Rodin on beauty (1910)

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In praise of modern beauty

Auguste Rodin, the famous sculptor, has been asked if he does not think that the beauty of classic times far surpassed that of our own, and whether modern women are not far from equalling those who posed before Phidias.

“Not at all, was Rodin’s reply. “The artists of those days had eyes to see perfection, while those of today are blind. That is all! The Greek women were beautiful, but their beauty lay also in the mind of the sculptors who represented them. There are today women exactly similar — the women of Southern France especially. The women of modern Italy, for instance, belong to the same Mediterranean type as the models of Phidias.”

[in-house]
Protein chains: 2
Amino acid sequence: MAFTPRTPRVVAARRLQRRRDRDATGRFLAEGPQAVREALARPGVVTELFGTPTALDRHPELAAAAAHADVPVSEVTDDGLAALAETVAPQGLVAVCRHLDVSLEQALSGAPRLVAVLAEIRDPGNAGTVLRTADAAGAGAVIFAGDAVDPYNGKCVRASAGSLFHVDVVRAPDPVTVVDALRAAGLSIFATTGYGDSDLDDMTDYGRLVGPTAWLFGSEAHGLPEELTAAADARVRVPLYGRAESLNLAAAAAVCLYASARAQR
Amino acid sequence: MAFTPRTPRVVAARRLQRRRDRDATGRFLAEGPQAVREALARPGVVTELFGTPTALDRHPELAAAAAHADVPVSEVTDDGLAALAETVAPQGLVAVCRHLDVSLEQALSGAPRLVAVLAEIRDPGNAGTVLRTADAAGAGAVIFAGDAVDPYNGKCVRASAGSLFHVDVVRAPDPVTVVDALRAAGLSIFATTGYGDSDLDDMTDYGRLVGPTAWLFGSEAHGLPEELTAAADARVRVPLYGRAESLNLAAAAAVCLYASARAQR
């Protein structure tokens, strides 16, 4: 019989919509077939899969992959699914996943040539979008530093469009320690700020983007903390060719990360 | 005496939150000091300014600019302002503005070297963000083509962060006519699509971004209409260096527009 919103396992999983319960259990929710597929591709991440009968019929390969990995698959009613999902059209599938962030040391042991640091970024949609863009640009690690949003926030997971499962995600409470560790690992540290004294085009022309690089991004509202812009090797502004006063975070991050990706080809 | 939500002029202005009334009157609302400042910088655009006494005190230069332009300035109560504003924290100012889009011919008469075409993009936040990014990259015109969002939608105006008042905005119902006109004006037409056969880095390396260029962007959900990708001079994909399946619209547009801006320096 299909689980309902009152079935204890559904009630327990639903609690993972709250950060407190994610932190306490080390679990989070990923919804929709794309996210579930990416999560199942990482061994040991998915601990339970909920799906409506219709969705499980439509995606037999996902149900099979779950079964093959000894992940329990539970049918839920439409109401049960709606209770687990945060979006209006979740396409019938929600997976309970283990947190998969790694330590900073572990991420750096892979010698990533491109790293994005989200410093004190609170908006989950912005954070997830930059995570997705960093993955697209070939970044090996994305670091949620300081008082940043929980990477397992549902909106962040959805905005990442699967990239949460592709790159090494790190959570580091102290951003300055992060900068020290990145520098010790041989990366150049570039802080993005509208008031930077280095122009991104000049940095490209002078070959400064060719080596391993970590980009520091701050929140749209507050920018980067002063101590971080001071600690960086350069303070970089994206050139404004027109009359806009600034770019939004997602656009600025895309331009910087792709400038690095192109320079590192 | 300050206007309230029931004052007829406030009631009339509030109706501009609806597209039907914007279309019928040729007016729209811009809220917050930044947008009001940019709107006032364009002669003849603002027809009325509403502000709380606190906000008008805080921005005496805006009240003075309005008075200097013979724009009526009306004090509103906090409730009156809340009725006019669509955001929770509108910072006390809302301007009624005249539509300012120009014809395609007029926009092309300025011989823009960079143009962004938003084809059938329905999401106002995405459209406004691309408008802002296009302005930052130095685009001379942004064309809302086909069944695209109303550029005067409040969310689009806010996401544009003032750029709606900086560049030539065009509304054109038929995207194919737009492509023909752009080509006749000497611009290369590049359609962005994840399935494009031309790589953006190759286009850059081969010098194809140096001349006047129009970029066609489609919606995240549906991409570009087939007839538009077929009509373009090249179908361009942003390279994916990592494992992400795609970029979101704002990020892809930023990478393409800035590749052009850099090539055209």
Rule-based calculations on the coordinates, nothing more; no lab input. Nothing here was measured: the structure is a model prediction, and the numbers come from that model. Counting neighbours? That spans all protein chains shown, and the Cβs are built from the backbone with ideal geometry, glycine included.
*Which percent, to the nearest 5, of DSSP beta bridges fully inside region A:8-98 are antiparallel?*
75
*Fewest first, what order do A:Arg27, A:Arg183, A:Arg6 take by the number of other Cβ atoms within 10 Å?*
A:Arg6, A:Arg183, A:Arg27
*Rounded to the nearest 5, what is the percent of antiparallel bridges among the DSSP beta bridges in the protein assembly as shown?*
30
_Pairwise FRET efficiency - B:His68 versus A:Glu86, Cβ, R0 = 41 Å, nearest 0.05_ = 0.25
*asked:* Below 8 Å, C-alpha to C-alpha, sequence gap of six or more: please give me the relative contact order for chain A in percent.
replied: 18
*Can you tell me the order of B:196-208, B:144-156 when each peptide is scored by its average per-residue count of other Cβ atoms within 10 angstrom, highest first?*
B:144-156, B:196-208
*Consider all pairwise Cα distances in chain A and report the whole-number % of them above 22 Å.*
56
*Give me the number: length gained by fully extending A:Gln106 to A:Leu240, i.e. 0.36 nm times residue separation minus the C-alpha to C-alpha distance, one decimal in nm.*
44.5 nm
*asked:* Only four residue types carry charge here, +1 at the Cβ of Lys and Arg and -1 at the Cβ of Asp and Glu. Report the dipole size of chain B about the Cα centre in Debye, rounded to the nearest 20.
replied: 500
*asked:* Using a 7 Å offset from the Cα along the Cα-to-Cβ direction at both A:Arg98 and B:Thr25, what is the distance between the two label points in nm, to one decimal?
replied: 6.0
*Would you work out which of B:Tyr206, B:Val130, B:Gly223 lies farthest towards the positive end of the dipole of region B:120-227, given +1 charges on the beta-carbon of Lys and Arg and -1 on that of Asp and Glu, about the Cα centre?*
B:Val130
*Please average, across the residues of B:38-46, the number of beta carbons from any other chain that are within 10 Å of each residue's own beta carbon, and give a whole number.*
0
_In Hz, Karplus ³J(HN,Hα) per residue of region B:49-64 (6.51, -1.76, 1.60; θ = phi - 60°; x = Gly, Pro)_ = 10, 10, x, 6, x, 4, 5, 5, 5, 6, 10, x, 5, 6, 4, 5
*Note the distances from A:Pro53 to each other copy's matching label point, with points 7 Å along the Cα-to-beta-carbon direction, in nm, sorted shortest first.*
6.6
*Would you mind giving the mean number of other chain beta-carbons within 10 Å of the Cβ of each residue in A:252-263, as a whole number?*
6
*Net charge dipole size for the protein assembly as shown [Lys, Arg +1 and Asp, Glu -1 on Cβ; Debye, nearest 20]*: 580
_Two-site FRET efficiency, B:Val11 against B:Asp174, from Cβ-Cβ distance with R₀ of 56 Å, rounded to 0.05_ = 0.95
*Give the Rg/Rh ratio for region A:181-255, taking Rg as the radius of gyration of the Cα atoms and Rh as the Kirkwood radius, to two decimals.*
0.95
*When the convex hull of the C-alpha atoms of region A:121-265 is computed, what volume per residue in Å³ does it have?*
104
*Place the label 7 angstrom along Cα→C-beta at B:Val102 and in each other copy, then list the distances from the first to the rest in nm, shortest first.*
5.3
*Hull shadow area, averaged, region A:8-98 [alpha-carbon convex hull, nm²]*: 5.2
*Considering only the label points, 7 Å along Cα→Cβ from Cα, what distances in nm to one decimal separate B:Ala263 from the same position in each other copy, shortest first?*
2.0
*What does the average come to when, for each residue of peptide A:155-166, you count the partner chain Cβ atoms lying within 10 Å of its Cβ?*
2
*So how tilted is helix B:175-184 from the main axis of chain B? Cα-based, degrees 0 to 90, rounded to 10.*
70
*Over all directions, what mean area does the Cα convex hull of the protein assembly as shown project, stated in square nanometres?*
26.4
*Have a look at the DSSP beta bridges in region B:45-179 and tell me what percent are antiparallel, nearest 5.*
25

Rodin also remarked that in the union of the beautiful and the ugly, it is always the beautiful that finally gets the upper hand. Nature, by a divine law, constantly returns to the better; it incessantly turns to perfection.

“Again,” said Rodin, “beauty is everywhere; it is not beauty that is wanting in our eyes, but it is that our eyes fail to perceive it. Beauty is character and expression.”

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